Colourful birds at New York feeders


This video from New York State in the USA says about itself:

Colorful Afternoon On Busy Cornell Feeders – Sept. 18, 2018

A Northern Cardinal and Blue Jays bring a splash of color to a feeder filled with Mourning Doves and Red-winged Blackbirds.

Watch LIVE at http://AllAboutBirds.org/CornellFeeders for news, updates, and more information about the pond and its surroundings.

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Brown thrasher’s first time at New York feeder


This video from New York state in the USA says about itself:

Brown Thrasher Makes First Appearance On Cornell Lab FeederWatch cam – Sept. 13, 2018

Watch a Brown Thrasher make a quick pit stop to the Cornell Lab FeederWatch cam this morning. This marks the first time we’ve seen this species on cam!

Brown Thrashers are uncommon visitors to the woods surrounding the Cornell Lab of Ornithology; they prefer tangled thickets, hedgerows, or forest edges where they can rummage through leaf litter under cover of dense vegetation.

Watch LIVE at http://AllAboutBirds.org/CornellFeeders for news, updates, and more information about the pond and its surroundings.

Pileated woodpecker, other birds at New York feeders


This video from New York state in the USA says about itself:

Birds Scatter Upon Pileated Woodpecker‘s Arrival – July 31, 2018

Watch LIVE at http://AllAboutBirds.org/CornellFeeders for news, updates, and more information about the pond and its surroundings.

This FeederWatch cam is located in the Treman Bird Feeding Garden at the Cornell Lab of Ornithology.

Red-bellied woodpeckers at New York feeders


This video from New York state in the USA says about itself:

Male and Female Red-bellied Woodpeckers Visit Cornell Feeders – July 20, 2018

The secret to telling male and female Red-bellied Woodpeckers apart lies on their heads. Males exhibit a solid stripe of red on their crown and nape that extends from bill to back. Females look almost identical, except they lack any red coloration on their crowns. Can you tell who’s who in this clip?

Watch LIVE at http://AllAboutBirds.org/CornellFeeders for news, updates, and more information about the pond and its surroundings.

Many birds at New York feeders


This video from New York state in the USA says about itself:

Bustling Bird Feeder On Cornell Lab Feeder Watch Cam – June 25, 2018

Blue Jays, Mourning Doves, European Starlings, Common Grackles, and Red-winged Blackbirds all stop by in this short clip from the Cornell Lab FeederWatch cam.

Watch LIVE at http://AllAboutBirds.org/CornellFeeders for news, updates, and more information about the pond and its surroundings. This FeederWatch cam is located in the Treman Bird Feeding Garden at the Cornell Lab of Ornithology.

Young red-tailed hawk preens and fledges, video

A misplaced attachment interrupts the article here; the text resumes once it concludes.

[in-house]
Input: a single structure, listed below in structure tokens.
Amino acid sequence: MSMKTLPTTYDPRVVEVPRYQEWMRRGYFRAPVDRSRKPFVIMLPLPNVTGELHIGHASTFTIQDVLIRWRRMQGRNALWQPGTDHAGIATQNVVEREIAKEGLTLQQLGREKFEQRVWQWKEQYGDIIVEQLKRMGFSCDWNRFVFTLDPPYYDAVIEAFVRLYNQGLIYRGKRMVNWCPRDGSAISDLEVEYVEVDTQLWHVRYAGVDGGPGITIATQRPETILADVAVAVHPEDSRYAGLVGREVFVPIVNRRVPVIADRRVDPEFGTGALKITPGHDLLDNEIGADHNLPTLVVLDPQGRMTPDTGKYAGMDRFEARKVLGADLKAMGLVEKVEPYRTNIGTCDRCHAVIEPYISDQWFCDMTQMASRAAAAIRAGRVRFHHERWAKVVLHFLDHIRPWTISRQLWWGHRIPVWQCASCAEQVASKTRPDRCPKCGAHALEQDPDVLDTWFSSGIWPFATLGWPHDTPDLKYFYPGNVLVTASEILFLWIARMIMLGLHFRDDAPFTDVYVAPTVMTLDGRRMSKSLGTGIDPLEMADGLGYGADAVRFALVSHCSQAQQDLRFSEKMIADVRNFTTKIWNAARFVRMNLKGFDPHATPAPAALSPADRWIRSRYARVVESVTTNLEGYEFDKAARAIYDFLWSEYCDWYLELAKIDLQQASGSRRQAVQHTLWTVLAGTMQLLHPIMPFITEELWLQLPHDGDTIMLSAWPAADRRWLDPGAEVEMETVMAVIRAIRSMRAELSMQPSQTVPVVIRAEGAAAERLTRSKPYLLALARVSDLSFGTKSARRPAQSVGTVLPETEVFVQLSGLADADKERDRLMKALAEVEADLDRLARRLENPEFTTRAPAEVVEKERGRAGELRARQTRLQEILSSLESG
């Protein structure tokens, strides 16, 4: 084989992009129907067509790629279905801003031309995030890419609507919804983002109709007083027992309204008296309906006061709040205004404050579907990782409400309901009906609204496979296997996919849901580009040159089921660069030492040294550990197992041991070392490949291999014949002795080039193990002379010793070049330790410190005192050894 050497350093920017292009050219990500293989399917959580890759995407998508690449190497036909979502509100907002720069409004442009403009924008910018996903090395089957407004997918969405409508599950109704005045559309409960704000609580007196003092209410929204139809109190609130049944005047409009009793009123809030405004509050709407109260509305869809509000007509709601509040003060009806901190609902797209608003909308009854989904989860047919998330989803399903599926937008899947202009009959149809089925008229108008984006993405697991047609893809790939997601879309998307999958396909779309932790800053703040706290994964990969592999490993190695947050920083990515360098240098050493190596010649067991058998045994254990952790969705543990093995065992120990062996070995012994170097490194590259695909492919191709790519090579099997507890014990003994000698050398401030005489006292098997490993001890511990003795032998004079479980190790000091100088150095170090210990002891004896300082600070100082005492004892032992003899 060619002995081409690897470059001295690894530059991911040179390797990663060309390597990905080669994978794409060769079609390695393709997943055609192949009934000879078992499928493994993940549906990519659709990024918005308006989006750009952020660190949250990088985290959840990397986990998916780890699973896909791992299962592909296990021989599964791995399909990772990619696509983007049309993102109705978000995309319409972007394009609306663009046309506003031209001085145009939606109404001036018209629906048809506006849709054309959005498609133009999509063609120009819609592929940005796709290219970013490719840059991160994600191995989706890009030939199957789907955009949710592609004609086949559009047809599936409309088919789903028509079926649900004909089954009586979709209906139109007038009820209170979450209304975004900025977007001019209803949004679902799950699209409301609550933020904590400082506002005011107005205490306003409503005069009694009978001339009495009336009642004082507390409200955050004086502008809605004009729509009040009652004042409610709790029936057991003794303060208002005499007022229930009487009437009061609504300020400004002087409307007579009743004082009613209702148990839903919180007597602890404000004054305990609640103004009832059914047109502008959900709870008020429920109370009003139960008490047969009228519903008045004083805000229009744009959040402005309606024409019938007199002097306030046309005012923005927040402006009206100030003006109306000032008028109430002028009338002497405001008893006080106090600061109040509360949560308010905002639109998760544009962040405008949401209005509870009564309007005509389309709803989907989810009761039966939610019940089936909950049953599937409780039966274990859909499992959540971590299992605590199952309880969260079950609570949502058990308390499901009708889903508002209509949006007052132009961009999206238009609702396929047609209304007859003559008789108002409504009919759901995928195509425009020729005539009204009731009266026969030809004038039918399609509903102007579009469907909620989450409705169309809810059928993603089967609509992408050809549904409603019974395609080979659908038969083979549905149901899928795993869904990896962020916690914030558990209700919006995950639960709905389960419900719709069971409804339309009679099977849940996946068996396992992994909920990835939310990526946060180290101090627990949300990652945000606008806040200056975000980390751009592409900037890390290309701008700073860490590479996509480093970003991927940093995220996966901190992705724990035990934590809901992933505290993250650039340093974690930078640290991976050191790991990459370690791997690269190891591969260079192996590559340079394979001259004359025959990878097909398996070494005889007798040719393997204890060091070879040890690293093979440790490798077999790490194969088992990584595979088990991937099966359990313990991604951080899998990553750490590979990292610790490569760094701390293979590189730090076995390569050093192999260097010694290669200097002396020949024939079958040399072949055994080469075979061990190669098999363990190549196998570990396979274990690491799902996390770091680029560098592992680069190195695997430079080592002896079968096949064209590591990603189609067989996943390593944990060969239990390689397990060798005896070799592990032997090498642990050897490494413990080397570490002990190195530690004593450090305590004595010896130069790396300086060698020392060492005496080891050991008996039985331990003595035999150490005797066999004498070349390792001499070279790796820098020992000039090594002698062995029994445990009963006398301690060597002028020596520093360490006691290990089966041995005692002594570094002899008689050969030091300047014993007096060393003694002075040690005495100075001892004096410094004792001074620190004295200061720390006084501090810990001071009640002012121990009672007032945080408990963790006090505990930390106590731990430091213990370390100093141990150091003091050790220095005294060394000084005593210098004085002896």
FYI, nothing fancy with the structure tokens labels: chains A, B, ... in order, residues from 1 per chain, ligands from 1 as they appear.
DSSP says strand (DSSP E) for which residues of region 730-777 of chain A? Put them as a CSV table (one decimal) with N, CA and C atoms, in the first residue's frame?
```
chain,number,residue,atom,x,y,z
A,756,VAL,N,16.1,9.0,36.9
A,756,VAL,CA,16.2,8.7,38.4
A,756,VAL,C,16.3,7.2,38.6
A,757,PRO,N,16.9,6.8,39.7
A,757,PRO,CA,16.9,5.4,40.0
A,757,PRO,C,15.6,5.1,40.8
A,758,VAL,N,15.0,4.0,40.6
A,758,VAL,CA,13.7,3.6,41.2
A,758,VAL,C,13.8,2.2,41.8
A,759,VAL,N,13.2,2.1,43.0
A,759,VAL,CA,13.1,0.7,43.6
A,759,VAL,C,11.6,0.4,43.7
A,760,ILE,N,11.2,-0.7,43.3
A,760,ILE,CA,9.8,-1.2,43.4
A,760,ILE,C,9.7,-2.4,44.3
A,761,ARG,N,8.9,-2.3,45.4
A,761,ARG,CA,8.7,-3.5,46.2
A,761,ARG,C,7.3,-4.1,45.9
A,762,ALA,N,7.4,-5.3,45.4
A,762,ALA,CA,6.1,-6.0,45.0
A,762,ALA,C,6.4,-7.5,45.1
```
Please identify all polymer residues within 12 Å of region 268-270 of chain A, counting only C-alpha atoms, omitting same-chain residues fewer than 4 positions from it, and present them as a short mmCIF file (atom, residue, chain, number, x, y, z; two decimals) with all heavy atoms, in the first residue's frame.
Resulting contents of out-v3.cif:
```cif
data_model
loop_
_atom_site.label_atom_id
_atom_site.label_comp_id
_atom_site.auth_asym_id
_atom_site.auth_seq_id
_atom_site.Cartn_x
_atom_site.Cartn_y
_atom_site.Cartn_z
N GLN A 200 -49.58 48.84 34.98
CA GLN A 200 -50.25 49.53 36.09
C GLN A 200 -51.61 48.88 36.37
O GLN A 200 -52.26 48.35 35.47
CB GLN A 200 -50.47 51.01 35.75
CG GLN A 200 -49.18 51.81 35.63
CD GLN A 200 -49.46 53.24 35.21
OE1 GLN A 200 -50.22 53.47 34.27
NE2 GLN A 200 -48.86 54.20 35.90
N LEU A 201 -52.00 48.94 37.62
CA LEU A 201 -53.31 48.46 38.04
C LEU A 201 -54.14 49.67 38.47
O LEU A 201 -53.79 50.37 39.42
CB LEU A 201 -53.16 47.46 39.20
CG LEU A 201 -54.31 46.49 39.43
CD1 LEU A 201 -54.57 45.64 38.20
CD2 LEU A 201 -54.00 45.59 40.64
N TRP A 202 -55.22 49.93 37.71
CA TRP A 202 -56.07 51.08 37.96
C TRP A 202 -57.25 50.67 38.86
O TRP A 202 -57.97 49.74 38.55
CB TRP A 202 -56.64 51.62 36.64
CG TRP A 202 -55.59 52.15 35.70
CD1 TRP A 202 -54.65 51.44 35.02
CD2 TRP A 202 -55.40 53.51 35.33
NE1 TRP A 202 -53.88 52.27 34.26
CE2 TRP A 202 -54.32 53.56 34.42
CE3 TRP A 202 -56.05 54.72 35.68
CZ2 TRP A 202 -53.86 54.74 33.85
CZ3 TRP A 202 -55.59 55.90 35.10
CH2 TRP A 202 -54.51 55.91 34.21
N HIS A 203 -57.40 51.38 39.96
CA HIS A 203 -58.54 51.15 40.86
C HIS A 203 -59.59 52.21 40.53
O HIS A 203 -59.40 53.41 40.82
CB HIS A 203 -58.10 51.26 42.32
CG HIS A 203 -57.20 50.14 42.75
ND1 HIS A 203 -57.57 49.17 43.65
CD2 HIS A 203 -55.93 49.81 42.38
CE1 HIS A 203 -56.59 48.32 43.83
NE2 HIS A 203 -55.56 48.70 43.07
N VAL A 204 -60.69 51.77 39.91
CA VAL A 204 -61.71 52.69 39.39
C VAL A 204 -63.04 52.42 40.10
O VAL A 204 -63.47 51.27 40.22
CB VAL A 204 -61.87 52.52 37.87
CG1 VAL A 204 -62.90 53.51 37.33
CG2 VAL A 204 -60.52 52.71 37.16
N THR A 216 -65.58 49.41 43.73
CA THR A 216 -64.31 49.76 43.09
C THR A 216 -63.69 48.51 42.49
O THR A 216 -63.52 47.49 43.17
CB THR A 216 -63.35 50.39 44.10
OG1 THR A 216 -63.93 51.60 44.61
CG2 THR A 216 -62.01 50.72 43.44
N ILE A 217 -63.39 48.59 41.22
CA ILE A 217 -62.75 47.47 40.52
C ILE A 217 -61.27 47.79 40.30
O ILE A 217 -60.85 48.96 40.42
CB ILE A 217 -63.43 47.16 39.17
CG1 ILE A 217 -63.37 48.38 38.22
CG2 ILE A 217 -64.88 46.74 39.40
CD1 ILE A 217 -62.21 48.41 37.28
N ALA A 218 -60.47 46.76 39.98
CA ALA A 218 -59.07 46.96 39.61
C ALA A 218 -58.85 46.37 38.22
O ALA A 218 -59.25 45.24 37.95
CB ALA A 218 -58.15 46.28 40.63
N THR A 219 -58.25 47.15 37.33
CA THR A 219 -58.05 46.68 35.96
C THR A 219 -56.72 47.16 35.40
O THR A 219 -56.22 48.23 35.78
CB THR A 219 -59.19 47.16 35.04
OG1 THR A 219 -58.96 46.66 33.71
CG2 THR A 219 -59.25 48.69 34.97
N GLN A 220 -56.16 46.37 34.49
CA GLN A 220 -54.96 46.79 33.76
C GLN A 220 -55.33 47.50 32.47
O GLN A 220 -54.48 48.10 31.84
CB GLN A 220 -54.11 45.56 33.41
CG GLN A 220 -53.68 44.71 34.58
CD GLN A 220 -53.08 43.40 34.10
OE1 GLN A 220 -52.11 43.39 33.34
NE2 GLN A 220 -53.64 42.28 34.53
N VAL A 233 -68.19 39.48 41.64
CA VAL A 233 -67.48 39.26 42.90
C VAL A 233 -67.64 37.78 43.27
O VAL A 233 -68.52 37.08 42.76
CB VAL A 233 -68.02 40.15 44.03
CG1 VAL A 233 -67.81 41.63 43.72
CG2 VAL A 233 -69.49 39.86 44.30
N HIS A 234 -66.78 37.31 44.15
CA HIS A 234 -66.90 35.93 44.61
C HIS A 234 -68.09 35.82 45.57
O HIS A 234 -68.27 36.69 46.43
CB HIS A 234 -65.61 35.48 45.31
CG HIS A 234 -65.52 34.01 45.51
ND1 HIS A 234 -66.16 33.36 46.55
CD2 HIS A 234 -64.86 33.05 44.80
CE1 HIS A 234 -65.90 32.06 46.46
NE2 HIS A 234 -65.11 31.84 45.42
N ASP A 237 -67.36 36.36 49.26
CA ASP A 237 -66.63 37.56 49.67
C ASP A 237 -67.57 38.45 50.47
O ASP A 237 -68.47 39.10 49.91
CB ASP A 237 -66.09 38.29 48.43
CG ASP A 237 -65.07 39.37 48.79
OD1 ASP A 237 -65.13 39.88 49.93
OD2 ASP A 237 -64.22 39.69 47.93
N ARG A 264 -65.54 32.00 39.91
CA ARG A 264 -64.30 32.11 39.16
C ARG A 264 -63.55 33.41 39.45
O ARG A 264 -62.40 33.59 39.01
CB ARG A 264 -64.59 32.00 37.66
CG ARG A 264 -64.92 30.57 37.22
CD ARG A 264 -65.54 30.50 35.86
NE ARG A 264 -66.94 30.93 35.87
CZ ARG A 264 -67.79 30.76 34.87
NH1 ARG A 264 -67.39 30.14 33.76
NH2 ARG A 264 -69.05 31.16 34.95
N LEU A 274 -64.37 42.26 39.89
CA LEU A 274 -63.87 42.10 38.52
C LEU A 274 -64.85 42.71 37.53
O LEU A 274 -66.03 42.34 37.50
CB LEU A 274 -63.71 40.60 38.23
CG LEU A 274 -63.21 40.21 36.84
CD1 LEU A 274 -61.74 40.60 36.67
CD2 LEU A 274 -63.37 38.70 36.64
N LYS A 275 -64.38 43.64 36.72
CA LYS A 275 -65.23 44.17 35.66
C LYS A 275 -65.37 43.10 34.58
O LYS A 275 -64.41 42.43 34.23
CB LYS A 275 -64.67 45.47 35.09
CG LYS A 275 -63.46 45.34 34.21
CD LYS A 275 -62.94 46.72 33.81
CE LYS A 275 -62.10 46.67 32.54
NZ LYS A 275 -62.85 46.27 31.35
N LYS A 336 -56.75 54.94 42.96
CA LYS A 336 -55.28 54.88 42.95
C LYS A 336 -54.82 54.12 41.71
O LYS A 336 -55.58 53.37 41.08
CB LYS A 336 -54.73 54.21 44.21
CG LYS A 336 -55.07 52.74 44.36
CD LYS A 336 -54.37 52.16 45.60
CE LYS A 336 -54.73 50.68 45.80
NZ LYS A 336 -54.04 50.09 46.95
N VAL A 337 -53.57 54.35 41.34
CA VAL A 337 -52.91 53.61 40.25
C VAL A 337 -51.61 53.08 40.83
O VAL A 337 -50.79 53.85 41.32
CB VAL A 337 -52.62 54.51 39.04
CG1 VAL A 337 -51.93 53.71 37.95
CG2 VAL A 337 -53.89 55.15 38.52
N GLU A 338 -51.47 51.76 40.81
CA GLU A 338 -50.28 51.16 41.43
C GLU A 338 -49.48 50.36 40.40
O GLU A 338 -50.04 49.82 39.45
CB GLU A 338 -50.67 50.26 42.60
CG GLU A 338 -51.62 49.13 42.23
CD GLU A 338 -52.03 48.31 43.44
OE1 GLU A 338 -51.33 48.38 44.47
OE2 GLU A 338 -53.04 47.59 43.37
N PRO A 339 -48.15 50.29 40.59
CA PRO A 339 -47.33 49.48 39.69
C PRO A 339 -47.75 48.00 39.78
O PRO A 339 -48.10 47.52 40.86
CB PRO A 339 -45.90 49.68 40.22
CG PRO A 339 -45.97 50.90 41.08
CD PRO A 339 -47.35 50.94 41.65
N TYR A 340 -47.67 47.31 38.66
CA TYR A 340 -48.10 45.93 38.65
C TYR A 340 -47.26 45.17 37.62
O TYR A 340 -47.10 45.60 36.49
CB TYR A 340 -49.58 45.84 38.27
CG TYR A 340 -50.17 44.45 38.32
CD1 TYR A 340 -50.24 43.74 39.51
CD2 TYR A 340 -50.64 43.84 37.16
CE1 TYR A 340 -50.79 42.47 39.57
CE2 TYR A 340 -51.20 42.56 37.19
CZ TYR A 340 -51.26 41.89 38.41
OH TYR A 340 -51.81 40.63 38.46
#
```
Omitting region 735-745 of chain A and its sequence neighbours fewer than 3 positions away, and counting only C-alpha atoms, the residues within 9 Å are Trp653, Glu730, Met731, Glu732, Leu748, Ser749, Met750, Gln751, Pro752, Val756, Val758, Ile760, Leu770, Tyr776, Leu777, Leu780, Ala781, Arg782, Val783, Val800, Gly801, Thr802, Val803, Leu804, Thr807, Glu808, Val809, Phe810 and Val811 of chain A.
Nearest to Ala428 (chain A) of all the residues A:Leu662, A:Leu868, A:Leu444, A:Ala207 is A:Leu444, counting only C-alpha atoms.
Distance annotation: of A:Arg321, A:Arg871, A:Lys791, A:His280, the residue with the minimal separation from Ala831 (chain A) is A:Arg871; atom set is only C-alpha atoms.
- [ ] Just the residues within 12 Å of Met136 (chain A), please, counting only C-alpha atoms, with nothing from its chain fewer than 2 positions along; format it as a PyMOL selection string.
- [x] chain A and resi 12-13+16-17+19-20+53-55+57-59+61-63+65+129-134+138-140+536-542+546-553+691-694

This video from New York state in the USA says about itself:

Red-tailed Hawk Chick, H2, Fledges While Preening! – June 8, 2018

Watch H2 fledge accidentally while preening on the fledge ledge. First reports from BOGs Karel and Bogette are that the hawk landed safely and made its way into a nearby tree. More to come!

Watch live at allaboutbirds.org/cornellhawks

A Red-tailed Hawk pair has been nesting above Cornell University’s athletic fields since at least the 2012, making use of two different light towers for their nest sites. In 2012 and 2015, they used a tower near Fernow Hall, and in 2013, 2014, and 2016, they used the tower nearest Weill Hall. We installed cameras at both of these sites to get a better look at the intimate behavior of these well-known birds as they raise their young amid the bustle of a busy campus.

Young birds growing up, from Bermuda to New York


This video says about itself:

Watch “Sunny” the cahow chick receive his leg band during this 10-week health check conducted by Bermuda Petrel expert Jeremy Madeiros and a special guest on May 15!

Thanks to our partners at Nonsuch Expeditions – Bermuda for this nest check video from beautiful Nonsuch Island, Bermuda.

Watch the cam LIVE 👉 AllAboutBirds.org/Cahows

Less than a week remains until this endangered chick is expected to fledge over the Atlantic Ocean.

This video from Georgia in the USA says about itself:

Osprey Chick Self-feeds In Nest For First Time! – May 21, 2018

It’s time to check off another developmental milestone for the Osprey chick in the Savannah nest! Here, the chick can be seen making its first attempt at self-feeding, using its sharply hooked bill to tear away tiny bits of a half-eaten fish that was brought to the nest. This behavior is typically observed at around 40 days post hatch (the chick is 36 days old), and we should expect to see the chick start taking fish directly from parents and feeding on its own as the nestling period progresses.

Three camera views are available—two PTZ cameras and a fixed cam. Mouse over the playhead and click on the little camera with the arrows inside it, then select the camera you’d like to view. Watch live at www.allaboutbirds.org/savannahospreys

This video from New York state in the USA says about itself:

Arthur Swoops in With a Frog, Big Red Follows and Feeds Chicks – May 22, 2018

Watch Arthur swoop in with a frog in his talons and deposit it on the nest. Big Red follows right behind to snatch the snack and feed it to the pair’s hungry chicks. Watch live at allaboutbirds.org/cornellhawks

A Red-tailed Hawk pair has been nesting above Cornell University’s athletic fields since at least the 2012, making use of two different light towers for their nest sites. In 2012 and 2015, they used a tower near Fernow Hall, and in 2013, 2014, and 2016, they used the tower nearest Weill Hall. We installed cameras at both of these sites to get a better look at the intimate behavior of these well-known birds as they raise their young amid the bustle of a busy campus.